One practical example, with which generations of U.S. military attorneys are familiar, is the catalog of “Memoranda of Law” he authored and that were published in The Army Lawyer. These memorandums were generally legal reviews of weapons systems or reviews required under various Department of Defense or subordinate service regulations. Some examples of these memoranda include: Use of Expanding Ammunition by U.S. Military Forces in Counterterrorist Incidents, The Use of Lasers as Antipersonnel Weapons, Review of Weapons in the Advanced Combat Rifle Program, Sniper Use of Open-Tip Ammunition, and The Joint Service Combat Shotgun Program.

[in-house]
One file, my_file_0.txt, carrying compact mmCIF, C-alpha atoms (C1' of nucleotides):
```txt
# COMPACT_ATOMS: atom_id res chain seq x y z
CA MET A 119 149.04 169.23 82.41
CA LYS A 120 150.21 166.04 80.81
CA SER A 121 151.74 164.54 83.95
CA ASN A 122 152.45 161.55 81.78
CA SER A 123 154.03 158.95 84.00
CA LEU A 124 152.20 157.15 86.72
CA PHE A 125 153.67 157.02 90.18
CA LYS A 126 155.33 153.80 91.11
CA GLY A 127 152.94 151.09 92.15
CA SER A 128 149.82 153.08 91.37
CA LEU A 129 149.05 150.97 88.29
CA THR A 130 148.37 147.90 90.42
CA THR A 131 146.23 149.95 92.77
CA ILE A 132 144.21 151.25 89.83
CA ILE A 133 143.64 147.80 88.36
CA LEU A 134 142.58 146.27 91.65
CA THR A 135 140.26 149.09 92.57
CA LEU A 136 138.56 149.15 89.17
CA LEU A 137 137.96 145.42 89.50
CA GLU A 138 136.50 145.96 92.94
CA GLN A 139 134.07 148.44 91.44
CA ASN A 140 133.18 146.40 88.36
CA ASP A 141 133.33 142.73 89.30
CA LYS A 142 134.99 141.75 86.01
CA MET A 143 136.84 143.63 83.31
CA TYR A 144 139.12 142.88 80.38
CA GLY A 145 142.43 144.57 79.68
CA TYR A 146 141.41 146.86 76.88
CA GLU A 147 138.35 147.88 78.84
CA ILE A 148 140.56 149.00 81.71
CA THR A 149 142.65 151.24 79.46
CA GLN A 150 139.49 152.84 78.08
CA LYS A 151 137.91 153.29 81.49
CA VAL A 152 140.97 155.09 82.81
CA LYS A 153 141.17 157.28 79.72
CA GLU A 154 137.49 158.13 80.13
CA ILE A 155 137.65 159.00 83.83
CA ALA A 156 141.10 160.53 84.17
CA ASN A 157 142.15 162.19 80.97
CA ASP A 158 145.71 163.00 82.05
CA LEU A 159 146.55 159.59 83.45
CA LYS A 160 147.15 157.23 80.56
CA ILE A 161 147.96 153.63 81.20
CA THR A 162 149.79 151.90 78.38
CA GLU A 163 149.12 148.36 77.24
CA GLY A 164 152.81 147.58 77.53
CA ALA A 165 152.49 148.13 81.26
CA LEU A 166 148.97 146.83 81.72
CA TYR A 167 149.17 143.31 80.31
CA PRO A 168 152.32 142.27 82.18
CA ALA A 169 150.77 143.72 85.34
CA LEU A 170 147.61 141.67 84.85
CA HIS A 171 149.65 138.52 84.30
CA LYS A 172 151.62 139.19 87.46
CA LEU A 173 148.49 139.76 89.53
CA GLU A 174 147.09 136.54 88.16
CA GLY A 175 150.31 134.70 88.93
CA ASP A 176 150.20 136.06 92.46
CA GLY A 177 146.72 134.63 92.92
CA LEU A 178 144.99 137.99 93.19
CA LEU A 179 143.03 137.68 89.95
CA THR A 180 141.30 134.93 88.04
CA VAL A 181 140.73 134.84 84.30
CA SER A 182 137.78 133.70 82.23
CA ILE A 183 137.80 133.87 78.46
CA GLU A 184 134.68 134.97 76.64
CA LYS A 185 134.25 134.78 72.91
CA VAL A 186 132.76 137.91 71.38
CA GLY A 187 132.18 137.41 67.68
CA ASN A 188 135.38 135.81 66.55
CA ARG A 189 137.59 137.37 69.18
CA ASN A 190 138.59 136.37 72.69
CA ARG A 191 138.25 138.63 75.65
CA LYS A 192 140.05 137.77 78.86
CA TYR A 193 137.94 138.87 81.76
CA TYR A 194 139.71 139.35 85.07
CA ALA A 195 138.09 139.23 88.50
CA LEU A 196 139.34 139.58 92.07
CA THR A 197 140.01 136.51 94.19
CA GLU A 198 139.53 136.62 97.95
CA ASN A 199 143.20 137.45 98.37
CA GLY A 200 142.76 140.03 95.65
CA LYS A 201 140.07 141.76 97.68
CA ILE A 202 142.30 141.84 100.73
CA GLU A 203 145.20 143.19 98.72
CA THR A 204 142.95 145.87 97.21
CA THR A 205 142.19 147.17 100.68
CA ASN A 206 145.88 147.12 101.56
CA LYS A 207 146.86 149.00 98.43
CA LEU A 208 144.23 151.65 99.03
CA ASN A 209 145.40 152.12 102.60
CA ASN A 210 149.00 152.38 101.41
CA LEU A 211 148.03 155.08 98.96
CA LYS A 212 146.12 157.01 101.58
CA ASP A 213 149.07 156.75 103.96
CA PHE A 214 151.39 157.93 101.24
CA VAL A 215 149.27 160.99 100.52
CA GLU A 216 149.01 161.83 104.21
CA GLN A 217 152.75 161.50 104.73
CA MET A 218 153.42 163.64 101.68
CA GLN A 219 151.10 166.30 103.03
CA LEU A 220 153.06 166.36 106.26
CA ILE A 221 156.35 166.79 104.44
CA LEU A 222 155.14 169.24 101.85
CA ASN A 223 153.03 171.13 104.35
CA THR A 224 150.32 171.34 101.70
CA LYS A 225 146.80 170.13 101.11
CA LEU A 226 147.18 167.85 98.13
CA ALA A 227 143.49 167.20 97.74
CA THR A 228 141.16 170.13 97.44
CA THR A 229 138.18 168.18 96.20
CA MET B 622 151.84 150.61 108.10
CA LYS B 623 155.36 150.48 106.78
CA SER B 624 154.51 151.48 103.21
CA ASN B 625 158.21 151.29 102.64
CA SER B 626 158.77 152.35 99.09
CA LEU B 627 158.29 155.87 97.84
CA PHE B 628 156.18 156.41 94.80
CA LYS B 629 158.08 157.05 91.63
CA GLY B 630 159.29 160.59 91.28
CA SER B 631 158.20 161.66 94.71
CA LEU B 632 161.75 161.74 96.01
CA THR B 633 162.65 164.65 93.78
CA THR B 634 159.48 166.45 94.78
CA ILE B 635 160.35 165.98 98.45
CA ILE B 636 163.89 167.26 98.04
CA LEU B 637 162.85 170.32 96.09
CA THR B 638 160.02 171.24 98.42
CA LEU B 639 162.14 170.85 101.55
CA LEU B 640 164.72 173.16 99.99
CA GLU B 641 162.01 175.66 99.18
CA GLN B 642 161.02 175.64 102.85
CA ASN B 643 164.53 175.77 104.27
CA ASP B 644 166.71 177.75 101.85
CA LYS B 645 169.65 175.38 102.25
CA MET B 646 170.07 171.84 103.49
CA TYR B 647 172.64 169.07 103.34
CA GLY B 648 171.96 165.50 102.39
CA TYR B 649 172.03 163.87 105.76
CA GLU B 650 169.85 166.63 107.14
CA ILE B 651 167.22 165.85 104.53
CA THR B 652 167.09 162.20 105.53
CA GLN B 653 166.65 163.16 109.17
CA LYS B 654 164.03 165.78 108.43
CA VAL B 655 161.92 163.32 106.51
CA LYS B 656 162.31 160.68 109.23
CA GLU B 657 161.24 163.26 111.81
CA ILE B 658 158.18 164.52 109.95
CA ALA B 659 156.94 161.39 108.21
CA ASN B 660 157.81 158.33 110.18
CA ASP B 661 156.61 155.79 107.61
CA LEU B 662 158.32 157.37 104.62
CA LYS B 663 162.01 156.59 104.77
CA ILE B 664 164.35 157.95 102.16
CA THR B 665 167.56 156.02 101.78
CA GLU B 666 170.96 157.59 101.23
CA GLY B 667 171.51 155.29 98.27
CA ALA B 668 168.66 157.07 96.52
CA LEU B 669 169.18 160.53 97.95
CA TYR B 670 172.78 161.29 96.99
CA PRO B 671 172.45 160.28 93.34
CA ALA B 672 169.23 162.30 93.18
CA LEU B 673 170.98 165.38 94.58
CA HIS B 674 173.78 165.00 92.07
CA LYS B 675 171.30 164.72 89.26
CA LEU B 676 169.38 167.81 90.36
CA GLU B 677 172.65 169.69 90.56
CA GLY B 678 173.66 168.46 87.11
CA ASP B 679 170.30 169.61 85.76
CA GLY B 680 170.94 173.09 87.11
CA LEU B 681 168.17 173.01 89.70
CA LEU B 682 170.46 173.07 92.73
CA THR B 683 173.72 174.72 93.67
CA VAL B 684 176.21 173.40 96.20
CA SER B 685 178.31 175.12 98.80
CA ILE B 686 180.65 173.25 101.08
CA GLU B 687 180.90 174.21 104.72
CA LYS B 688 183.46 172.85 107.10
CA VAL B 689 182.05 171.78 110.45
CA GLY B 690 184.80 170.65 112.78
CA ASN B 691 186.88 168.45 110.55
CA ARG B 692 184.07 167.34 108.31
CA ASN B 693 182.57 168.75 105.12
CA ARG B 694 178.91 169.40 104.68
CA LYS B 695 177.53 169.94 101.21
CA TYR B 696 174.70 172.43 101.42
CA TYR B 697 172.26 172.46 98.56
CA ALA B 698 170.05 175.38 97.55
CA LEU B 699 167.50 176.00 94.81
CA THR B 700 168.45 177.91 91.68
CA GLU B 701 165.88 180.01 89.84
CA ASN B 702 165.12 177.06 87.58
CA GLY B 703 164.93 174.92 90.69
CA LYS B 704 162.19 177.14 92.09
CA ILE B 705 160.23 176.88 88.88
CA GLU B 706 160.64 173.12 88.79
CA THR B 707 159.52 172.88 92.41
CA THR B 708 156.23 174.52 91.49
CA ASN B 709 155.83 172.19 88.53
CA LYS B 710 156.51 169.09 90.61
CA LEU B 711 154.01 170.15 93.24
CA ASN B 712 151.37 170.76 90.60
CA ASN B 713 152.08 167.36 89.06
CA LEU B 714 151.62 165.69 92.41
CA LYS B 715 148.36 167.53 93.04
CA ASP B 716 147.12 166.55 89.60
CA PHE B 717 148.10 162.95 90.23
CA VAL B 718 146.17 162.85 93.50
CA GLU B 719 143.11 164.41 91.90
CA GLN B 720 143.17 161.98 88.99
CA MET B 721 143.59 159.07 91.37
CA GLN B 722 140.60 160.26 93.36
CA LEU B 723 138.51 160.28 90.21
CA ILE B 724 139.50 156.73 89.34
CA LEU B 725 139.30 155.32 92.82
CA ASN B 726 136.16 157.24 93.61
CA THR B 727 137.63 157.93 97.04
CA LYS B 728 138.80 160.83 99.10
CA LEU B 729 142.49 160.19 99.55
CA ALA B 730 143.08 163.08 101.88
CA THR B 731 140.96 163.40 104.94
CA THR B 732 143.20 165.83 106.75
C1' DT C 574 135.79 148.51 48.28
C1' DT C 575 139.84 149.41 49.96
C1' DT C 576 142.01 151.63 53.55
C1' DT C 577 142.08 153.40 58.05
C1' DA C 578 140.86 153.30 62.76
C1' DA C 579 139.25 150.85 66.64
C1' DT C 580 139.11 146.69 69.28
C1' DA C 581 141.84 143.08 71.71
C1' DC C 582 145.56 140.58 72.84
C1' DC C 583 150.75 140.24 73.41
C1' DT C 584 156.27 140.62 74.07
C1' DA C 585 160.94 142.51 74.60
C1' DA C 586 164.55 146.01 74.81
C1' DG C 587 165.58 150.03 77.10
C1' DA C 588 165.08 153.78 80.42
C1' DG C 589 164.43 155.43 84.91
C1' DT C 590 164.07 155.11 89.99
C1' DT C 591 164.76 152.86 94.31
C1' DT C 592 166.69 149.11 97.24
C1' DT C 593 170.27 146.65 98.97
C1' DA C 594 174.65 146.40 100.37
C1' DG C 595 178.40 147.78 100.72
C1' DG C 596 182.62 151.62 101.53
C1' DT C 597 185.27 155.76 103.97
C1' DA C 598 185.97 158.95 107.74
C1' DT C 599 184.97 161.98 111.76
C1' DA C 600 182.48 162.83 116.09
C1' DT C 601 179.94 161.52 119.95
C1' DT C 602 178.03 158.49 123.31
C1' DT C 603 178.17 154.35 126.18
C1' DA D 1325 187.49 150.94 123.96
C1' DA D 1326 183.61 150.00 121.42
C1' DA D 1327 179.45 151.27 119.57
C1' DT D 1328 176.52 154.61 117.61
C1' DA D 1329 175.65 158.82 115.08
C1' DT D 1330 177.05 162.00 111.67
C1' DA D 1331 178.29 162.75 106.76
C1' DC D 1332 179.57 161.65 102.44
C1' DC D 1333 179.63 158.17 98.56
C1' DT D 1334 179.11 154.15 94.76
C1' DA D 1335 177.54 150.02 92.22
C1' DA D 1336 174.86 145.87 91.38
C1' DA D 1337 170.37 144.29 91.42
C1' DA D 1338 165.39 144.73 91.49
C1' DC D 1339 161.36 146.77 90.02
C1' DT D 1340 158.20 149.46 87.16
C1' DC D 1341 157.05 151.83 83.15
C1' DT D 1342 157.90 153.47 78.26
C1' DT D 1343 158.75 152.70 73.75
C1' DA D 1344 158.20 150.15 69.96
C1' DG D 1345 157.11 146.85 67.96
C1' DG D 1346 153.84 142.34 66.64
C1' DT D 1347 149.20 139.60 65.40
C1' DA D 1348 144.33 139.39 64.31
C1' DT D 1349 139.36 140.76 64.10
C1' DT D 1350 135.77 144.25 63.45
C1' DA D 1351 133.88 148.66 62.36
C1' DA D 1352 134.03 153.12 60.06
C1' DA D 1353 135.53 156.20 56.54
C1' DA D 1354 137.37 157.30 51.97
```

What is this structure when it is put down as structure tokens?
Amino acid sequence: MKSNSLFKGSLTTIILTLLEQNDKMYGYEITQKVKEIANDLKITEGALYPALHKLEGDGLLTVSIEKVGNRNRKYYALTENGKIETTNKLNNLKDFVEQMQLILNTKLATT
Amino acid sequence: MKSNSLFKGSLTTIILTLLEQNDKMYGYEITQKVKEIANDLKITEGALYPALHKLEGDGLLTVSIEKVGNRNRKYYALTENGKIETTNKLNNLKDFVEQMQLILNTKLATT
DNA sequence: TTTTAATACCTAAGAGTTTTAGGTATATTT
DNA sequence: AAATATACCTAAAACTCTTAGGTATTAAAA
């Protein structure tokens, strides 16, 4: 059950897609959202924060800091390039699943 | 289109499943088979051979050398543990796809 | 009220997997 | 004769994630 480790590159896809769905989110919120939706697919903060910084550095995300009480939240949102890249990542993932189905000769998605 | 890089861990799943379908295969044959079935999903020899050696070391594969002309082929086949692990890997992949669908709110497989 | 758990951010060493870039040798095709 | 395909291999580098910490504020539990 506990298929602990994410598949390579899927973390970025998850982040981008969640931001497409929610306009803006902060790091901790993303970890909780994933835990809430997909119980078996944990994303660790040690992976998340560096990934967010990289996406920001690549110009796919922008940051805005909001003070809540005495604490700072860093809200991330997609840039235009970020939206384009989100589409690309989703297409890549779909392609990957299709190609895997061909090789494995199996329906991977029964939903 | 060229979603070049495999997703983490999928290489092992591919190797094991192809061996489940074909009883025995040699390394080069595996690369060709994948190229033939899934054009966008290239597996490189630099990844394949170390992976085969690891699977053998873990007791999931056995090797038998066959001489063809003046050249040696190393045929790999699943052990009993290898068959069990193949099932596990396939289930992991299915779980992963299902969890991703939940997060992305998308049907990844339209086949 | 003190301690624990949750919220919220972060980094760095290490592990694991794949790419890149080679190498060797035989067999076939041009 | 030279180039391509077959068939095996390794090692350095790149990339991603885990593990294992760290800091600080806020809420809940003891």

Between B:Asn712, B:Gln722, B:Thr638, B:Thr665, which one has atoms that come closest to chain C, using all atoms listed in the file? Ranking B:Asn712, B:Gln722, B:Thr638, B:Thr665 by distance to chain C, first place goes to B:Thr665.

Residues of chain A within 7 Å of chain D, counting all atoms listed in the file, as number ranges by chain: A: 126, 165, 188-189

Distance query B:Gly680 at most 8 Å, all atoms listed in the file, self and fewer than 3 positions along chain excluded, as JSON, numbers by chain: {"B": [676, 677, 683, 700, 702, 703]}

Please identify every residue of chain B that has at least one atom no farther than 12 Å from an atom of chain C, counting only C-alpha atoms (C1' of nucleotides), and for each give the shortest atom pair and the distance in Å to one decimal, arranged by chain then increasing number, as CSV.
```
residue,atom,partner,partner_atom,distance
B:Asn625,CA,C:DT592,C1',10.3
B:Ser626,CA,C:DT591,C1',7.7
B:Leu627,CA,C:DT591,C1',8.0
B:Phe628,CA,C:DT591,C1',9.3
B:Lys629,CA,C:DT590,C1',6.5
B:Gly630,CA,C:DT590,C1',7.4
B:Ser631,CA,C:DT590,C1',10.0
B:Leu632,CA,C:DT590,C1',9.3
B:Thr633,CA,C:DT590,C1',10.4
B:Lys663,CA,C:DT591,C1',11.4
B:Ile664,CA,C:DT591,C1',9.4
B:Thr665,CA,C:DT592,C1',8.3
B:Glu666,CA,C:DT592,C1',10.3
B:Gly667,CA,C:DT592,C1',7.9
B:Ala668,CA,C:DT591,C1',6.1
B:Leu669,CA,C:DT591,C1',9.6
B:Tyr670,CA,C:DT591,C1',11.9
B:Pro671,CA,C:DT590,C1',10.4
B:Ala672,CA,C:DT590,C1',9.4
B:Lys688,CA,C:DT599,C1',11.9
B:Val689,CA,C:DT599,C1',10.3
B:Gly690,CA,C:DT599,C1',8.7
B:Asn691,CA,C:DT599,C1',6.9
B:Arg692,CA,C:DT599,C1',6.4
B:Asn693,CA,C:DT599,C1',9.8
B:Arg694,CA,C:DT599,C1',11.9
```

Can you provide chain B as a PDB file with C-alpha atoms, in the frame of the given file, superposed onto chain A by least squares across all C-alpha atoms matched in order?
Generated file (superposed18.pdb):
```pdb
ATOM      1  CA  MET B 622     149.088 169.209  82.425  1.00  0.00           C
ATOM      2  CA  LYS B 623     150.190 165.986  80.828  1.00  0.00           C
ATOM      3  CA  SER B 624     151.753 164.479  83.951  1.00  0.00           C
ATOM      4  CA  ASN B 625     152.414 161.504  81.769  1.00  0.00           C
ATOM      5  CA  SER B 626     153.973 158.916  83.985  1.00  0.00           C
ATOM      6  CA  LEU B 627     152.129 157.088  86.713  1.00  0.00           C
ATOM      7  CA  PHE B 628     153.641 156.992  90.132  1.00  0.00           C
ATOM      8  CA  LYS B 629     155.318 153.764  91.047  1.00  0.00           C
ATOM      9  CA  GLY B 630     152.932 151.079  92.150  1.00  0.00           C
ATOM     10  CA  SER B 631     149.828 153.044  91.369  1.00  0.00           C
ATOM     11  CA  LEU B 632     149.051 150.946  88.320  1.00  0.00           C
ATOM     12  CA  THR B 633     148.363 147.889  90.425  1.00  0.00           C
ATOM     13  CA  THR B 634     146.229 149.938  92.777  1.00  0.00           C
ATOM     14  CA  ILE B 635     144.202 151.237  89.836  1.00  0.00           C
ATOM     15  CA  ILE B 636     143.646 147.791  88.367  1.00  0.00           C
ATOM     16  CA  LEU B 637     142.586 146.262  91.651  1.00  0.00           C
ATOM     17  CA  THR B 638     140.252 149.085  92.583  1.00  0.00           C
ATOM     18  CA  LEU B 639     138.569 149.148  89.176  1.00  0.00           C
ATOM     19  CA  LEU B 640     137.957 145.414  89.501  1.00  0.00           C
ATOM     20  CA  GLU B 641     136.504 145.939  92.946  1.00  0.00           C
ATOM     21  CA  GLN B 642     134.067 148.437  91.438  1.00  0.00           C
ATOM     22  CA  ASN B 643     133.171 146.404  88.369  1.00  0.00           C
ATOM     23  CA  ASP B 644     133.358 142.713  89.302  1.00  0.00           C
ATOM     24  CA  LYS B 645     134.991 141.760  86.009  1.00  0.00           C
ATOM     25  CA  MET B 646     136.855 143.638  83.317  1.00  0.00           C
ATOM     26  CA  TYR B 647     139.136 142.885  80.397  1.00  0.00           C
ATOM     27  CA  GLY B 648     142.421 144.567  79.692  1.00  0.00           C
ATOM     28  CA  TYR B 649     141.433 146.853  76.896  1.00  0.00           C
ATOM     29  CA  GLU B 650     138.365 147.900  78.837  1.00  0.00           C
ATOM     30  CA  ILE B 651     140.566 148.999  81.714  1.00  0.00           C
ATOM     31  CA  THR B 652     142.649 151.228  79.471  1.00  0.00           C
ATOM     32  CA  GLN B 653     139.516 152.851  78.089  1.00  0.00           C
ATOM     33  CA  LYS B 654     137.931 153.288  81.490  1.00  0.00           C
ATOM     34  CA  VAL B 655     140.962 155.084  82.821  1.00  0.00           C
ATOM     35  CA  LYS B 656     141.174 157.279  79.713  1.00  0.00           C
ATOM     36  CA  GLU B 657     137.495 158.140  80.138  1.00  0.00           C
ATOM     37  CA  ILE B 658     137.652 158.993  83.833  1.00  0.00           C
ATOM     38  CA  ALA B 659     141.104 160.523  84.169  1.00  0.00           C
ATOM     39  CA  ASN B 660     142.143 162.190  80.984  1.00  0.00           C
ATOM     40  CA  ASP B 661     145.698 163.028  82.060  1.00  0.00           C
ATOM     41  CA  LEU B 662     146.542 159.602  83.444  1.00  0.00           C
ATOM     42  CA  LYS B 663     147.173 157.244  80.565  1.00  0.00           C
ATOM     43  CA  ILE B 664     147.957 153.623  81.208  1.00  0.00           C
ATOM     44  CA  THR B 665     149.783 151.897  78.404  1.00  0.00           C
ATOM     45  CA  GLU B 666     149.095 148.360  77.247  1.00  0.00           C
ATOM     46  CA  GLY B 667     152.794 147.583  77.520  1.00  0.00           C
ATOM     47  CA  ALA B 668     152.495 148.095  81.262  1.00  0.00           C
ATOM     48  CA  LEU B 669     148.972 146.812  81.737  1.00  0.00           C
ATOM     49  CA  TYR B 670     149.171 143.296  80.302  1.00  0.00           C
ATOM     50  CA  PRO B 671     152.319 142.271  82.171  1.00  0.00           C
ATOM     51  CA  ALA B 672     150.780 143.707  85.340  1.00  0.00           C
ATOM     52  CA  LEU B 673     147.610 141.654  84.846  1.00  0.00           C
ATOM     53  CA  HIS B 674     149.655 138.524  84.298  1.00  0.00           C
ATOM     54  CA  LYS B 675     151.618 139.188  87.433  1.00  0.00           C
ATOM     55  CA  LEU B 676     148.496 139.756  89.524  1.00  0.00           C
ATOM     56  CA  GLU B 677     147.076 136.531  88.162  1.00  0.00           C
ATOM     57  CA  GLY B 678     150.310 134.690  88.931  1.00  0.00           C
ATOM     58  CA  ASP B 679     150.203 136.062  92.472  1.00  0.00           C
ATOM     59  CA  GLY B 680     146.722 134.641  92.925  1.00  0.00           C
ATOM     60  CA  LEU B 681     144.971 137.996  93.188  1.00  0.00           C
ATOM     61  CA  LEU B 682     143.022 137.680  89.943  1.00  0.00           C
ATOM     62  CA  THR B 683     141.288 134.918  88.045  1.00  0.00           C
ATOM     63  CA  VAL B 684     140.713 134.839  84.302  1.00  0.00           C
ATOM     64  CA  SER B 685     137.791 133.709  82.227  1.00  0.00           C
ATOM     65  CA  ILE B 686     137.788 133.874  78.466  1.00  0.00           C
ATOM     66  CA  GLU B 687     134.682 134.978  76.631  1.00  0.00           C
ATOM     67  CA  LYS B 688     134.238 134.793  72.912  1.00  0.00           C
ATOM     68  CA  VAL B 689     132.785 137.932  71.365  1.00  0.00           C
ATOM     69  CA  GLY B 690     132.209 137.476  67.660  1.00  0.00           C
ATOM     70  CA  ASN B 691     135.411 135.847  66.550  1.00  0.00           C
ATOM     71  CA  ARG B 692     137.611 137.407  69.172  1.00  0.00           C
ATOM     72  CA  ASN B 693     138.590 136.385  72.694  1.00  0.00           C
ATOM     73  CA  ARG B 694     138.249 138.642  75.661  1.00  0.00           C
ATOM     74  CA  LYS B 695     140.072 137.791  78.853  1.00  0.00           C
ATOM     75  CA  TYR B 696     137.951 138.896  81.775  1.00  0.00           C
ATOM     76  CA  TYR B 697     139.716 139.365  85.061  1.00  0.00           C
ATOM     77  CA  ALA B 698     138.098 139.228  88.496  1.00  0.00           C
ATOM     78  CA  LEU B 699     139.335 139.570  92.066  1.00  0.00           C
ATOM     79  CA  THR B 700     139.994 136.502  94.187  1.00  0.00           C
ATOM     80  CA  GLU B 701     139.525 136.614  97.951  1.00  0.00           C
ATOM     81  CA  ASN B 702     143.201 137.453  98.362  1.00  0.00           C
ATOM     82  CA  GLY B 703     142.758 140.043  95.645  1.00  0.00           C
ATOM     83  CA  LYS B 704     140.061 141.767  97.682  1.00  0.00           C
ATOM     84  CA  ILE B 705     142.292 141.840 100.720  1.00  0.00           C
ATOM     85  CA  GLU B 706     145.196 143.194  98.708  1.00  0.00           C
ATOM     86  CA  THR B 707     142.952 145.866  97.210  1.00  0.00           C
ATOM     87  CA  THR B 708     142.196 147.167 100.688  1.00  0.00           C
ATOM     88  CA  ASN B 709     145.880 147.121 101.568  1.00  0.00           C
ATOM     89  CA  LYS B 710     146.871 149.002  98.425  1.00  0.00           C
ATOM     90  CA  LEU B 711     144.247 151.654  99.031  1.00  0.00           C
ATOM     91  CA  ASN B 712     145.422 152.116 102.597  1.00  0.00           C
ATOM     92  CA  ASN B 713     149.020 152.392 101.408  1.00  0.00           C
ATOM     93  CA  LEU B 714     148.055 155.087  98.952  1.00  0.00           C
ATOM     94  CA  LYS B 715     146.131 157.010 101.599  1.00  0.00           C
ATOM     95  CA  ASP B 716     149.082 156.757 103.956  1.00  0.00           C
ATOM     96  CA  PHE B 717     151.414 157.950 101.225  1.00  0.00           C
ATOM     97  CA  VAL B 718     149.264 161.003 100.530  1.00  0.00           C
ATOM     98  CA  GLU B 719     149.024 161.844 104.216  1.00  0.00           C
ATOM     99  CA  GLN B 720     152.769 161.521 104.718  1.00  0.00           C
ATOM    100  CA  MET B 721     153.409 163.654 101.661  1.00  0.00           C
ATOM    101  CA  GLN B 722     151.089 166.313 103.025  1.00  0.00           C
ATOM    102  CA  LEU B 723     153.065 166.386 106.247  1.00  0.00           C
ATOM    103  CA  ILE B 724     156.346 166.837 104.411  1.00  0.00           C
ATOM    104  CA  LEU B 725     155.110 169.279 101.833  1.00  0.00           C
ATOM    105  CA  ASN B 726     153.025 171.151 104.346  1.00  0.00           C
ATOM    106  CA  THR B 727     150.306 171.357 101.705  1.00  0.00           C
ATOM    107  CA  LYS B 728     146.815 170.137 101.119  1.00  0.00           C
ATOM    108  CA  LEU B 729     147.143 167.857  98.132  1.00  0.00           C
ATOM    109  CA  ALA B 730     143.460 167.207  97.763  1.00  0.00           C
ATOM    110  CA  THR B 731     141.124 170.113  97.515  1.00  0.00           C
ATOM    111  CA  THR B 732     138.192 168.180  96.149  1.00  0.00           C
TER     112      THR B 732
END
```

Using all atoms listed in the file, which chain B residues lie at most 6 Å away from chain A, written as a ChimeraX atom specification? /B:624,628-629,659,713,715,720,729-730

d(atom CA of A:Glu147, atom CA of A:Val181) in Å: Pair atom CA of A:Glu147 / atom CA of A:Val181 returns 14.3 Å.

Not only was Parks one of the few lawyers writing in depth on weapons—without question, his assignment as the U.S. Army’s Law of War expert provided unique access and interest—his writings underscored the value of ensuring lawyers understand the technology and terminology associated with weapons. For example, in his Memorandum of Law—Review of Weapons in the Advanced Combat Rifle Program, Parks discusses ammunition casing, jacketing, bullet weight (in grains) and diameter, and muzzle velocity. As Parks makes clear in this memorandum and others, a lawyer must understand these various terms and their relation to how the bullet is chambered, fired, travels to its target, and impacts its target. These factors are critical to making the legal determination whether a particular weapon causes unnecessary suffering or is inherently indiscriminate. They also make clear why DoD-approved munitions—despite the claims of some—are lawful for their intended use.